There are tons of misconceptions about what’s attractive, what’s healthy and what an eating disorder really looks like. I talked with several amazing bloggers for their take. Below, you’ll find a list of their myths (and mine :)). And if you haven’t already, be sure to bookmark their fantastic blogs! Stay tuned for the bloggers’ tips on building a better body image next week.

From eating disorder specialist Stacey Rosenfeld, Ph.D, who writes Does Every Woman Have an Eating Disorder?

Myth: The thinner you are, the healthier you are.

Weight is not a perfect proxy for health. The best predictors for health: family history, eating a balanced diet and engaging in regular exercise.  Being too thin can have negative health consequences, and there are many healthy-weight or heavy women who are in perfect physical health.

Myth: Skinny = happy.

Not true.  There are plenty of fat people who are happy, plenty of thin who are not.  It’s not a 1-to-1 correlation, and true happiness doesn’t lie five or 10 or 20 pounds from now.

Myth: Men are only attracted to super slim women.

Most men are attracted to a woman who looks like a woman, not an eight-year-old boy. They appreciate curves.

Myth: Women who are diagnosed with anorexia nervosa have a great deal of will-power.

While it may seem that they are in extreme control over what they eat, in fact, their disorder is controlling them.

Myth: Anorexia nervosa is a desirable condition, something to aspire to.

AN is a horrible physical and psychological disease, that has one of the highest fatality rates of any psychiatric illness.  Most women who meet criteria for AN are unhappy and wish they could go back to the time before they had the disease.

Myth: People with bulimia nervosa, who purge, are ridding themselves of excess calories.
Purging is not an effective weight-loss technique, and can significantly impact health–multiple bodily systems are affected, and electrolyte imbalances due to frequent purging can even lead to death.

From Sunny Sea Gold, health articles editor at Glamour magazine and founder of HealthyGirl.org, a website for young women who overeat.

Myth: A persistent eating disorder myth I see is the idea that people with food problems look a certain way. It’s something I’ve heard over and over from women who read HealthyGirl.org—the idea that someone with an eating disorder is either emaciated from anorexia, or morbidly obese from major food addiction.

That’s the old think, and it’s just not true! What researchers and therapists now understand is that there’s a real spectrum of eating disorders, with behaviors ranging starving to overexercising to purging to bingeing, and that people can actually jump back and forth, using different behaviors at different times of their lives. Women with food issues come in all shapes and sizes. And just because you’re not on death’s door or your body looks ‘normal’ doesn’t mean you don’t need and deserve help!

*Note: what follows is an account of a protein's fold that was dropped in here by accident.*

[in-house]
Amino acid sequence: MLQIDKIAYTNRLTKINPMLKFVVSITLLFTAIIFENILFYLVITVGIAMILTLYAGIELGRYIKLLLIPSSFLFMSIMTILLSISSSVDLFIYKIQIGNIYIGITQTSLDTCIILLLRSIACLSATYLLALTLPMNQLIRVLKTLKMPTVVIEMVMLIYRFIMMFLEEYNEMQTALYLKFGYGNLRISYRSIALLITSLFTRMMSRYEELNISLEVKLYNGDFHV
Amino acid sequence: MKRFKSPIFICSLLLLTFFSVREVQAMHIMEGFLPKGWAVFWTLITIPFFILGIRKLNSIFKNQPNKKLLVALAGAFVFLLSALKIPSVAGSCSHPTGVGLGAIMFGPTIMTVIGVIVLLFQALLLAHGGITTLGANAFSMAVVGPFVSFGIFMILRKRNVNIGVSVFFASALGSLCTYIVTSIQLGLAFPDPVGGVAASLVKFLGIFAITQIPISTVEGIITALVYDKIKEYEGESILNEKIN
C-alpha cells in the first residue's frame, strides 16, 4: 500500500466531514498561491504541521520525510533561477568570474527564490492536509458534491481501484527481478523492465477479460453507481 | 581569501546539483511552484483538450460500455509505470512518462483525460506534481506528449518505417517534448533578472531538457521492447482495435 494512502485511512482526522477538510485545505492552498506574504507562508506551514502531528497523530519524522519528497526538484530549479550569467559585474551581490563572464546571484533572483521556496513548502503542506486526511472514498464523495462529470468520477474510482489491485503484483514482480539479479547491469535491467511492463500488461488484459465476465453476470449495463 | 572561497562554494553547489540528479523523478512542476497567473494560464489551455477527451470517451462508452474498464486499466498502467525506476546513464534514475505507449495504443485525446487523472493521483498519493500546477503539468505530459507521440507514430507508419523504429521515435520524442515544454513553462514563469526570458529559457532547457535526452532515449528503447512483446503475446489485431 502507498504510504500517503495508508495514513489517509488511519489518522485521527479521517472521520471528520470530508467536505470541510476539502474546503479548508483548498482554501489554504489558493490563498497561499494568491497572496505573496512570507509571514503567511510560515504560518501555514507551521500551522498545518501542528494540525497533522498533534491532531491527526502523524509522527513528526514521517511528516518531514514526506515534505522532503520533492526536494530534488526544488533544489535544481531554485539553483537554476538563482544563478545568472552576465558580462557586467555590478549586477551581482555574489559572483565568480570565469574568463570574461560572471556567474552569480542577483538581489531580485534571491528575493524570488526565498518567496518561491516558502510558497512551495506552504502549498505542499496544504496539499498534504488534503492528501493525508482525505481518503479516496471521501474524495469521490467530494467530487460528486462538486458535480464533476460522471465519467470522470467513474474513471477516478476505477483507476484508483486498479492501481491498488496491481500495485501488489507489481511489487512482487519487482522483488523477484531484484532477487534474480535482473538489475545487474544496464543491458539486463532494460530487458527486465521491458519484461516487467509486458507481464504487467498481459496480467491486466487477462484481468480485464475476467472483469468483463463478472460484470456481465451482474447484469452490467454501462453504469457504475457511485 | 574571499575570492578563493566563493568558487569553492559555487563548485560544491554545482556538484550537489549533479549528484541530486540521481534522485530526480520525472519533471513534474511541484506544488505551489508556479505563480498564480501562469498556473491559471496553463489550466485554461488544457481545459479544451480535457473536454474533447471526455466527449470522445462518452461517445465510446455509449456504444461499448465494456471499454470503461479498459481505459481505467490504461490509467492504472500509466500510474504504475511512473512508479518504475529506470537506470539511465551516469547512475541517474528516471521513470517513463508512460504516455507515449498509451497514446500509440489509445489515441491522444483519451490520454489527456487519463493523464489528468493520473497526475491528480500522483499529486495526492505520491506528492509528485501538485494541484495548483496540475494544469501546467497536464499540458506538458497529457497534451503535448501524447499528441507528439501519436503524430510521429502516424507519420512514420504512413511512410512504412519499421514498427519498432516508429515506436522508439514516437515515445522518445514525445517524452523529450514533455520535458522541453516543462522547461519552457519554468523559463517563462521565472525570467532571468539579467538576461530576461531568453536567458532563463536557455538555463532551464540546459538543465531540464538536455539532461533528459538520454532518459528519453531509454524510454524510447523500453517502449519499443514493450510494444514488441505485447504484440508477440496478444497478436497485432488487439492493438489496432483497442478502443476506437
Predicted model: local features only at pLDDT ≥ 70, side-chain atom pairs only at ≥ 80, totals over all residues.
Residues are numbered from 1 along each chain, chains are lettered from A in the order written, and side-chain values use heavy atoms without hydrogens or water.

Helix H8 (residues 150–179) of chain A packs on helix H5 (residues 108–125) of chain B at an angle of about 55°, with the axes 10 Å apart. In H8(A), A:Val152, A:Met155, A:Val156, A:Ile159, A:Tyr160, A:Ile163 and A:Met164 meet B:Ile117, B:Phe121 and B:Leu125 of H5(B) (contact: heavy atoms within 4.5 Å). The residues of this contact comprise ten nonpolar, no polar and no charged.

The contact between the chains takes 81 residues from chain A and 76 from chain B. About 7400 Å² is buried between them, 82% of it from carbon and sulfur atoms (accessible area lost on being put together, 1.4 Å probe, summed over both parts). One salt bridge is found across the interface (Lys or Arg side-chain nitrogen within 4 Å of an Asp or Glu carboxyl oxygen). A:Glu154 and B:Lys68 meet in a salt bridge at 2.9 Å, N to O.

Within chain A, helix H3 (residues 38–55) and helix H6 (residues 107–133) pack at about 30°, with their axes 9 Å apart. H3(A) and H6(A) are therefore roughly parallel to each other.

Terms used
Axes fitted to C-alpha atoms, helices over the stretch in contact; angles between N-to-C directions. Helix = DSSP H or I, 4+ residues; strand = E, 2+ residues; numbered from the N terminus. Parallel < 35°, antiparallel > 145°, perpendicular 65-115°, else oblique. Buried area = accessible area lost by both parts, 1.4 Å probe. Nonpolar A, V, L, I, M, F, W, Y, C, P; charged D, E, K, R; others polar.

From Leslie Goldman, author of Locker Room Diaries and blogger at The Weighting Game.

Myth: Body image bloggers all LOVE their bodies.

Why it’s a myth: I think that many women think that when another woman makes a career out of talking or writing about eating disorders and body image, that it’s a sign that she is totally over any food-relates issues from her past and no longer struggles with it. For a while, I, too, felt like I had to portray this image: That I’m always totally thrilled with how I look and will just eat whatever I want and can go a week without working out and not get anxious. But the truth is, I DO still have my struggles. I still look in the mirror and curse my cellulite. I still have days where I think, “Ugh, I totally gorged at dinner last night. I’m gonna tack on an extra 10 minutes at the gym today.” I still do ask my husband if my butt looks big in these jeans. I think these thoughts just mean I’m human. The difference is, my life is no longer ruled by them. Whereas my freshman year of college, I refused to touch a drop of fat, I now eat cake and peanut butter multiple times a week. I sometimes slack off a bit at the gym or skip it entirely when I’m tired. And I recognize now that feeling fat has nothing to do with food and everything to do with some sort of stressor in my life that’s driving me to obsess about weight as an easy, go-to coping mechanism.

From Toni, Michelle and Tee of The Fat Girl’s Guide to Living, “a life hacker for the full-figured set.”

Toni:

Myth: Fat people are lazy.

Some of the most productive and successful people I know are also fat.

Myth: Fat people only eat fast food and junk food.

I consume very little of either. For me, it’s become a matter of consuming a bit less and exercising regularly instead of sporadically.

Michelle:

Myth: If the packaging says it’s “low cal” or “low fat” or “fat free” it must be okay.

Not only do these products often just overcompensate in other areas to make up for the taste or texture… people also tend to think that they can eat more just because it’s not “as bad” for them as the regular, full calorie or full fat version. The low-cal WW cookie dough sundae may be better for me than a scoop of regular cookie dough ice cream… until I eat three of them back to back.